Long before the terrorist attacks of 9/11, Muslim Americans have been targeted and surveilled by law enforcement. Black Muslims have been viewed as a domestic threat since the early 20th century, and in the 1940’s, the FBI listed The Moorish Science Temple, a religious sect founded by Drew Ali with chapters in Texas, as an “extremist Muslim group” with suspected ties and sympathies to Japan that could undermine the U.S. government despite its modest size. The government compiled thousands of pages of documents, eventually finding no proof that the religious group was spreading pro-Japanese propaganda during World War II.
In the 1960s, the FBI ramped up surveillance and infiltrated Black civil rights groups and organizations across the political spectrum. The surveillance program, known as the Counterintelligence Program, or COINTELPRO, was created to suppress a range of political dissent from “black extremists” and socialists, to the American Indian Movement and the Puerto Rican independence movement. Mosques, churches, community centers, and even Black-owned bookstores were surveilled through the project. “The root of this program is in the racist idea that Black people and Muslims are radical, and that they are dangerous when they are organizing,” says Fatema Ahmad, the executive director of the Muslim Justice League. “[Authorities] suppress community organizing.”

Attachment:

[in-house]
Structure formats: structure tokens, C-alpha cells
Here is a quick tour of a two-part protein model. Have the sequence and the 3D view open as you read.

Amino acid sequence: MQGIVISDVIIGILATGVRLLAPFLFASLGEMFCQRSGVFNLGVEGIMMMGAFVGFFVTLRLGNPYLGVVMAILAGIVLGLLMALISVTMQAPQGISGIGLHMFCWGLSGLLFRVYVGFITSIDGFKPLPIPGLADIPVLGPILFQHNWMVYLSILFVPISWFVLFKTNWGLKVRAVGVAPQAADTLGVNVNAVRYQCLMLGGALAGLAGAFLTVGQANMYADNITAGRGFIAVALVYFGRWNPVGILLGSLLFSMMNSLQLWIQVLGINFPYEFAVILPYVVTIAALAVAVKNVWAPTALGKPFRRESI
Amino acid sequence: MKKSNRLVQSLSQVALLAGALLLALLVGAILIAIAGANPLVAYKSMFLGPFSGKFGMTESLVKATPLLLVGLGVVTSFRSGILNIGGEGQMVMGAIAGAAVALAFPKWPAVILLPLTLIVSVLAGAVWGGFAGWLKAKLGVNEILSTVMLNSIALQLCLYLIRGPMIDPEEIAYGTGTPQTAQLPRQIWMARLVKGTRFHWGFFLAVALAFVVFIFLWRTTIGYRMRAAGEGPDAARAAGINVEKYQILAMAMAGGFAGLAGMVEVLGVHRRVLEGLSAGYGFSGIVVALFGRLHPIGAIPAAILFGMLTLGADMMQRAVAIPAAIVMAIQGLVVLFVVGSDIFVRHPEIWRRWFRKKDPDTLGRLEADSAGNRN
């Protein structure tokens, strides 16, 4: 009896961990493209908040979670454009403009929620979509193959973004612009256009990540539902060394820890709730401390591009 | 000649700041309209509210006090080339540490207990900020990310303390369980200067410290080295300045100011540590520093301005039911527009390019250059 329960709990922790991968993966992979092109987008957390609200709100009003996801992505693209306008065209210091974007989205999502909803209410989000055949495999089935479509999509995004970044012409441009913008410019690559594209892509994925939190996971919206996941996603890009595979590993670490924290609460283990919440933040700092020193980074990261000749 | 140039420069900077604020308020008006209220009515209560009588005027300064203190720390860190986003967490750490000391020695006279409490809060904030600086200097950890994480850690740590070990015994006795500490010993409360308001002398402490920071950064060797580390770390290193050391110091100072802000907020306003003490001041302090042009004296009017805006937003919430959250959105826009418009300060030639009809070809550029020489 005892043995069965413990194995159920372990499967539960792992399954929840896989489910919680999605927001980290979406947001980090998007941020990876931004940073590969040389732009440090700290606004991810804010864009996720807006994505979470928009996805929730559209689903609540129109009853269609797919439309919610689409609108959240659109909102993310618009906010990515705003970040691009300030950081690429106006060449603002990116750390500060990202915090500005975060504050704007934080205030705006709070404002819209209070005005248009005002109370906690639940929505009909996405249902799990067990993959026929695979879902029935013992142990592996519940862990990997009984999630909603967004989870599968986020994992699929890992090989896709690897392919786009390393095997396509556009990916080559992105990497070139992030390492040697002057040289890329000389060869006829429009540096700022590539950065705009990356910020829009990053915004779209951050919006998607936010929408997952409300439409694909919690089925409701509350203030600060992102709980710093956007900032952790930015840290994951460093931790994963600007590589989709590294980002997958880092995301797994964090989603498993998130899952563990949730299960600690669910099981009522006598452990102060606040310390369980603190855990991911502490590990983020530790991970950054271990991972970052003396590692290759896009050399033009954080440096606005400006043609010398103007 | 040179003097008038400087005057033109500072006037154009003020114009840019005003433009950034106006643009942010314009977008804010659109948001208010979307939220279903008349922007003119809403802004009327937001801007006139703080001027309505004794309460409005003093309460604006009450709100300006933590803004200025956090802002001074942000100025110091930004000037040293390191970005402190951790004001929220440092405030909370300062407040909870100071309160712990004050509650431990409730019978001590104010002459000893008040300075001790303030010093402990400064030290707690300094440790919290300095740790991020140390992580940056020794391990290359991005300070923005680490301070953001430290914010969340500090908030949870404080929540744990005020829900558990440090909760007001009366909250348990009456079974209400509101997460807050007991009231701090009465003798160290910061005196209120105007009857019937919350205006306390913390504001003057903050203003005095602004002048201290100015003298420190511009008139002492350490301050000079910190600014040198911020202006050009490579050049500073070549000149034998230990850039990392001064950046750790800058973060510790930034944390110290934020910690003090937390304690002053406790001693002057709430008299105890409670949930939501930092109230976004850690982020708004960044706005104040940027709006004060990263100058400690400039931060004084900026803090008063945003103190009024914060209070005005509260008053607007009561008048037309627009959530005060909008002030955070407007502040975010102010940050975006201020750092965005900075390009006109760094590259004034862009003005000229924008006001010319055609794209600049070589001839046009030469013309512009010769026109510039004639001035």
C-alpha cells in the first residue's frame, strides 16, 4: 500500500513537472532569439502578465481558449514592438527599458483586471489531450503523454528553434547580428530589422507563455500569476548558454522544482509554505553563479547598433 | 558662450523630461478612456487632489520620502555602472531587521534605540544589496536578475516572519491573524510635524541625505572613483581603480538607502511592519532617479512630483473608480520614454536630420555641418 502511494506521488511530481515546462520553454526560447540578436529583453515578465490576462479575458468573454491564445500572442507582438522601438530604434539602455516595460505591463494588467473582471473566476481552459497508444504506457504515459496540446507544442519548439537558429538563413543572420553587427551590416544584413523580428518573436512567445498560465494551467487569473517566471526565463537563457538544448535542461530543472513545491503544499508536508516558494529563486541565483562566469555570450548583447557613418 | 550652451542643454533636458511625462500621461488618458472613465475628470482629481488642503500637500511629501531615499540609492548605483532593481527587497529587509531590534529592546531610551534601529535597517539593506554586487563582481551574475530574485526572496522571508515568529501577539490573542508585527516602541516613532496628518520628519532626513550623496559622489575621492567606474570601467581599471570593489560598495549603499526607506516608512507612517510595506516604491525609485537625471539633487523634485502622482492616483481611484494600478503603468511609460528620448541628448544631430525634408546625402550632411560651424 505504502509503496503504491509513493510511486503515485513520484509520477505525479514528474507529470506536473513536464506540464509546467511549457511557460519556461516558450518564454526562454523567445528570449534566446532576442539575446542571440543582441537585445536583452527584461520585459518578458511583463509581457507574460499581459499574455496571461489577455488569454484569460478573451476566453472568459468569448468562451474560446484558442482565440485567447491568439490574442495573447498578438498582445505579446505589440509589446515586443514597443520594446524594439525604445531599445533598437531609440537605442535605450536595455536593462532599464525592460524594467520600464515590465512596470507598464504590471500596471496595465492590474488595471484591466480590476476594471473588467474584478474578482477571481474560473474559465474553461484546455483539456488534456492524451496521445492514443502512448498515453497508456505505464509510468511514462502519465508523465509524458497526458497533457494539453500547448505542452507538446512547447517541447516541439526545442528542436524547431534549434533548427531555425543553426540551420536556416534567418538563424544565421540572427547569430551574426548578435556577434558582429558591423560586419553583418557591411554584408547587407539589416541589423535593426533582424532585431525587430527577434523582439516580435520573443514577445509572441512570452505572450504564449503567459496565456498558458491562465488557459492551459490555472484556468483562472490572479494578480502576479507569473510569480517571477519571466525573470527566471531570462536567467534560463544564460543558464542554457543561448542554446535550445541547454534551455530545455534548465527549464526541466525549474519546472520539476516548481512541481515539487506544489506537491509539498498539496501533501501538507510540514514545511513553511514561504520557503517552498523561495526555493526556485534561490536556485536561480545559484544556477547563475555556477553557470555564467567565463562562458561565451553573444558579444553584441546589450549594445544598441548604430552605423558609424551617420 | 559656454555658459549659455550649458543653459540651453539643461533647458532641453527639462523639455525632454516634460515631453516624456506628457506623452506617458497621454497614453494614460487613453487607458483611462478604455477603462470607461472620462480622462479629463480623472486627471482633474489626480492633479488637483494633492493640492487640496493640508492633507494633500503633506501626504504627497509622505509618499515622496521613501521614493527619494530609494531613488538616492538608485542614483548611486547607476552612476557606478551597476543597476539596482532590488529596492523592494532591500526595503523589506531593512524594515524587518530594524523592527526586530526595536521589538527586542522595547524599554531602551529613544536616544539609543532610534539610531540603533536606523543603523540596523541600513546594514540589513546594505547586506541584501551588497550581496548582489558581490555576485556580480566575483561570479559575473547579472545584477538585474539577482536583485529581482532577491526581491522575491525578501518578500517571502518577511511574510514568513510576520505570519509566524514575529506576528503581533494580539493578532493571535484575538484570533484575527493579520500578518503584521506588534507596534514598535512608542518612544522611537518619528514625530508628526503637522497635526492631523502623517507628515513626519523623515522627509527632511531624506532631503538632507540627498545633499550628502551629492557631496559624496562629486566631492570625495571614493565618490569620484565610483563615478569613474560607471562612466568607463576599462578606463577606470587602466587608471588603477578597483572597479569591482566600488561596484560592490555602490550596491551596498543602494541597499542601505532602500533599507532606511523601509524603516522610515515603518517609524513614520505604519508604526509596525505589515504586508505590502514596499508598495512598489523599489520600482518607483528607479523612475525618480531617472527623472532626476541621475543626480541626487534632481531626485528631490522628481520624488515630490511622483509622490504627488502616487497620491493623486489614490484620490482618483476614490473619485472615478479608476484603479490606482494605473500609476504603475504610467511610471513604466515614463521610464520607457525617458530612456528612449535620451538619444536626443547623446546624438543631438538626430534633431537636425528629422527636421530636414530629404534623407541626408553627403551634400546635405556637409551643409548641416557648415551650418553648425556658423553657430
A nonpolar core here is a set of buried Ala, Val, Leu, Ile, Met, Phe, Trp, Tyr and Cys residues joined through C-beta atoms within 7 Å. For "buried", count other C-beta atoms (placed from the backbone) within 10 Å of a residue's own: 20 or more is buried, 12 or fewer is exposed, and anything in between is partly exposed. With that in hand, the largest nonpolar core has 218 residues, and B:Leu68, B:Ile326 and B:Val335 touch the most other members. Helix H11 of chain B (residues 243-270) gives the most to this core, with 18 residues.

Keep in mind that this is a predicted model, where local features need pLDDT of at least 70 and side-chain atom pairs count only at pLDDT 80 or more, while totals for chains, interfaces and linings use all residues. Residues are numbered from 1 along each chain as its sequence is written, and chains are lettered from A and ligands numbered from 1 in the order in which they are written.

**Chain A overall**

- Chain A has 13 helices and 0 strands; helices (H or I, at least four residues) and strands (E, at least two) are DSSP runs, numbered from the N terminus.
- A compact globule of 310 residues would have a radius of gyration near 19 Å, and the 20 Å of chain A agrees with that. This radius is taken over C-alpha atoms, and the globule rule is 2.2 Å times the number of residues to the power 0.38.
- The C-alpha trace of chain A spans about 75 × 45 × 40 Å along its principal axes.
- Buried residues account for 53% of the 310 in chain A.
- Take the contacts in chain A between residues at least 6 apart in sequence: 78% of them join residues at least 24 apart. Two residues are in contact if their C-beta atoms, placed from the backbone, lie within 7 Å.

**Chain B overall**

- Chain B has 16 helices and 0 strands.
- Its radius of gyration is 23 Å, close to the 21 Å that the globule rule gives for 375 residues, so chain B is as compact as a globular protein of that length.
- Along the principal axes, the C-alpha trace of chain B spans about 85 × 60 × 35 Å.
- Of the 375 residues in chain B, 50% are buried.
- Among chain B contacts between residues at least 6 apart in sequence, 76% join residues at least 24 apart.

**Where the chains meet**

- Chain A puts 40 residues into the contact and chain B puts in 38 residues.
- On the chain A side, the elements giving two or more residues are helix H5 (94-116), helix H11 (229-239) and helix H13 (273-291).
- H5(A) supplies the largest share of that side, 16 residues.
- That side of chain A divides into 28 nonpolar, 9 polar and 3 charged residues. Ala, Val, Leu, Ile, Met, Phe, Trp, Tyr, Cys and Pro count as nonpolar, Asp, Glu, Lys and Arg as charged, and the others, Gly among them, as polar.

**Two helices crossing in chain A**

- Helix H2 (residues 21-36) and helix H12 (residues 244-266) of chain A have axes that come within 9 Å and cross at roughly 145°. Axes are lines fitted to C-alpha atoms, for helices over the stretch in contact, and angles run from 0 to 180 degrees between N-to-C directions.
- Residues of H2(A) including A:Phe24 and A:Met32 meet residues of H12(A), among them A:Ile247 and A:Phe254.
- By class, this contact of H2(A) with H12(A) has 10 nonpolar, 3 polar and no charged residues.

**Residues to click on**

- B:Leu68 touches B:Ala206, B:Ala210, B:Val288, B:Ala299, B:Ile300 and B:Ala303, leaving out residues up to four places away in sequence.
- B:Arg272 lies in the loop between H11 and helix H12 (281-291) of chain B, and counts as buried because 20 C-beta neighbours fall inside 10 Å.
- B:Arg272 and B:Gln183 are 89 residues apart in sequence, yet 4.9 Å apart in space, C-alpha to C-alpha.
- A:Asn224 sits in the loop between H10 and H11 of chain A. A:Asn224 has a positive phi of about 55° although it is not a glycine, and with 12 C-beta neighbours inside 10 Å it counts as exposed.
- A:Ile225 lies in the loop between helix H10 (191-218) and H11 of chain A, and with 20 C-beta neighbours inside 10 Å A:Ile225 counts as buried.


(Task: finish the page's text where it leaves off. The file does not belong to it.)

Though COINTELPRO officially ended in 1971 after program documents were leaked, domestic surveillance programs targeting people of color continued to shape shift through the Cold War. But in 2001, the War on Terror cemented many of these programs as essential to national security. A new agency, the Department of Homeland Security (DHS) was created specifically for the task. Congress vastly expanded the government’s ability to spy on its citizens—particularly in mosques and Muslim communities established in major American cities.
In 2016, DHS launched the newest iteration of these programs: Countering Violent Extremism (CVE). Local police departments, as well as other local entities including nonprofits and schools, could apply for grants to create programming to counter potential “radicalization” among “at-risk” individuals within a community. Nearly 25 percent of the grant’s $10 million total was doled out to law enforcement agencies directly, but CVE programs led by social service agencies also cooperated with local police.
Internet curriculum developed by those agencies for CVE educates young Muslims on how terrorist groups might “make contact” through chat forums or blog posts, while the FBI’s online interactive lesson, also developed for CVE, called “Don’t be a Puppet” focuses on international terrorism recruitment. In 2018, the Brennan Center for Justice, a non-partisan law and public policy institute at New York University, found that the vast majority of CVE programs targeted minority groups: Muslims, Black Lives Matter activists, refugees, and LGBTQ groups. Brennan also found that little attention was paid to white supremacist organizations and terror groups despite years of mounting evidence that online platforms like YouTube, Facebook, and Twitter aided in the radicalization of young white men.